The Defence Research and Development Organisation (DRDO) conducted two successful flight tests of the Army version of Medium Range Surface to Air Missile (MRSAM) at the Integrated Test Range, Chandipur, off the coast of Odisha. Explained below are key features of the missile.
The tests were part of the live firing trials against high-speed aerial targets. The missiles are reported to have intercepted and destroyed the targets. The first launch was to intercept a medium-altitude long-range target and the second launch was for providing the capability of a low-altitude short-range target. These tests were user trials by the Indian Army.
What is a MRSAM?
The MRSAM is a surface-to-air missile jointly developed by DRDO and Israel Aerospace Industries (IAI) for use by the Indian Army. The missile will replace the ageing Air Defence systems of the Army. The MRSAM weapon system comprises multi-function radar, mobile launcher system and other vehicles. It has Army, Navy and Air Force variants.
The mobile launcher can transport, place and launch eight canisterised missiles. These can be fired either in single mode or in ripple firing mode in a vertical firing position.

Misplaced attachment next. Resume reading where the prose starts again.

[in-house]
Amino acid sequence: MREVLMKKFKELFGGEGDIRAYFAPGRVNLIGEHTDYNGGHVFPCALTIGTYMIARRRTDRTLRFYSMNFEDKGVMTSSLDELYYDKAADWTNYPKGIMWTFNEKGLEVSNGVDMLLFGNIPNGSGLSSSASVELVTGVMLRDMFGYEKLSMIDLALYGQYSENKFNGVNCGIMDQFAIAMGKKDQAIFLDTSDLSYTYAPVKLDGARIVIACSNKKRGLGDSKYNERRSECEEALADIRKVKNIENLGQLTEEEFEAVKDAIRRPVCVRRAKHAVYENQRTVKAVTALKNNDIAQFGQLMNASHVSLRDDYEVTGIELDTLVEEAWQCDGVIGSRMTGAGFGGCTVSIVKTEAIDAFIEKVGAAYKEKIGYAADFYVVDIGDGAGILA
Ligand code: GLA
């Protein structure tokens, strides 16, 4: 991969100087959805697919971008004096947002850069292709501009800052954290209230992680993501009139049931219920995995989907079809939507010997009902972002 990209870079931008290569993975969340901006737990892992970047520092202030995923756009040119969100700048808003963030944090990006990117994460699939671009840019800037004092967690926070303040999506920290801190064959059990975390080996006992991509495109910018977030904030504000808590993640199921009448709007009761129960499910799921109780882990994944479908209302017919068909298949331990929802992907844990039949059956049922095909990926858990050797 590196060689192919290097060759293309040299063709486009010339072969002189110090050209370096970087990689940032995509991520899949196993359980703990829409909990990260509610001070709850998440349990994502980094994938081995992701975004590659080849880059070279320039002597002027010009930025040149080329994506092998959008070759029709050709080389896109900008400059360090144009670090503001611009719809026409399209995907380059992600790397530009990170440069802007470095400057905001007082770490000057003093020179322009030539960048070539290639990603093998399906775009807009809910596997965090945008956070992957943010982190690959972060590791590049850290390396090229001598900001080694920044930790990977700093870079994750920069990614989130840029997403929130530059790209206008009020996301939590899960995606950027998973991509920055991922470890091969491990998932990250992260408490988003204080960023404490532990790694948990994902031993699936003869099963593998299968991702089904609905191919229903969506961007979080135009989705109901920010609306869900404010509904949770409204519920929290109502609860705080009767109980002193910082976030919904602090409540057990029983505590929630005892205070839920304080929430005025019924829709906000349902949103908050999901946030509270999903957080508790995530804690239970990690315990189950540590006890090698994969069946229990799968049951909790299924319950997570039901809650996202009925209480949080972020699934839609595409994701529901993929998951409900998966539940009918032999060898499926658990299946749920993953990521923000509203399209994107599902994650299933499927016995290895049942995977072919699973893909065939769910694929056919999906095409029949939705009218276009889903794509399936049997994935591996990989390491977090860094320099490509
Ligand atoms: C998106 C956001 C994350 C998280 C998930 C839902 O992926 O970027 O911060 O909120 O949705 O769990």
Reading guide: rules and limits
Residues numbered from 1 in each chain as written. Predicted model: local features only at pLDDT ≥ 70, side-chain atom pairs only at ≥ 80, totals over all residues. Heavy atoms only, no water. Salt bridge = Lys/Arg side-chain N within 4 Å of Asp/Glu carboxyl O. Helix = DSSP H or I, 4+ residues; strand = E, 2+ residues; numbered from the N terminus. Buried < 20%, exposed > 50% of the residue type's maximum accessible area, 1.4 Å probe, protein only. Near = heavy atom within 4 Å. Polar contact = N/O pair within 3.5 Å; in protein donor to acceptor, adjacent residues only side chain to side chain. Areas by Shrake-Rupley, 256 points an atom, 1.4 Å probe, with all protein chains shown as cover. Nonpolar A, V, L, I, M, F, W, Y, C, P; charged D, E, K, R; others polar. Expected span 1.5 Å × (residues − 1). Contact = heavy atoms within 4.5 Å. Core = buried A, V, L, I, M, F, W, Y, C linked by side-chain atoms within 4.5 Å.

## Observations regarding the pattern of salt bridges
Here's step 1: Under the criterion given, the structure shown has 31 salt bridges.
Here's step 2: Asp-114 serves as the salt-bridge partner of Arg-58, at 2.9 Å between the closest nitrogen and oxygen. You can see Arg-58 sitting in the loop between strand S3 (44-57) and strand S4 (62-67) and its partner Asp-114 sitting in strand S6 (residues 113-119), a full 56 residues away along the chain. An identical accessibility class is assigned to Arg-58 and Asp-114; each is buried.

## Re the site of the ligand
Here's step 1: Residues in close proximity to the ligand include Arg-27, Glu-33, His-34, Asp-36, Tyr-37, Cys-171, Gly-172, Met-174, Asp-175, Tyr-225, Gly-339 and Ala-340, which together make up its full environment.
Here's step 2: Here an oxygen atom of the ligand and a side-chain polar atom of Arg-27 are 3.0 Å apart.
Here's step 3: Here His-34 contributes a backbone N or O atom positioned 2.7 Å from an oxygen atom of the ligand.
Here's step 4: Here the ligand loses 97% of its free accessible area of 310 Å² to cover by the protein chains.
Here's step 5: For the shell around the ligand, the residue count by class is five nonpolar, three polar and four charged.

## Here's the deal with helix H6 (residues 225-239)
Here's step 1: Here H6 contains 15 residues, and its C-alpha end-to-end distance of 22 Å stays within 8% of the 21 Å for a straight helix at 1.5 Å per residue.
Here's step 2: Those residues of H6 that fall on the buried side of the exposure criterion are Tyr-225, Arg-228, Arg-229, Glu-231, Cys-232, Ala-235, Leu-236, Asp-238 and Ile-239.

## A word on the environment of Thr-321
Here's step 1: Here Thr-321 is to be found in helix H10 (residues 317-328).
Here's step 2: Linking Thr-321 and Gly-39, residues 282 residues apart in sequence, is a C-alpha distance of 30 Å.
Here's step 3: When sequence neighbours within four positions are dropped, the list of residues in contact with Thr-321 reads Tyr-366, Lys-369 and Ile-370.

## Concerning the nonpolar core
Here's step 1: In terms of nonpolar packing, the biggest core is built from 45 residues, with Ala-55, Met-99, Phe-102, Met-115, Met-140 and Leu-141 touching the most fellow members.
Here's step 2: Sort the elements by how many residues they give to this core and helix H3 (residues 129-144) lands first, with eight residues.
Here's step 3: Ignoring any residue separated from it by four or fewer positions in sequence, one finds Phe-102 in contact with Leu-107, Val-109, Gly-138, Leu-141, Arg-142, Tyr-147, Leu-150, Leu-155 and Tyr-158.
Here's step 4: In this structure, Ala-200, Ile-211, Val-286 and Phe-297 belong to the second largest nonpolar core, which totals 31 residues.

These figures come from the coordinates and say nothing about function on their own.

The missile’s management system uses the radar to track and correctly identify the target, calculates the distance from it and gives all the information to the Commander for a decision to be made on interception. The missile itself is 4.5 metres in length with a weight of around 275 kg. It is equipped with fins and canards to stabilise its flight and provide it manoeuvrability.
How is the MRSAM powered?
The MRSAM missile is powered by a solid propulsion system coupled with a thrust vector control system. The missile can move at a maximum speed of Mach 2 (twice the speed of sound). It can engage multiple targets up to a range of 70 km.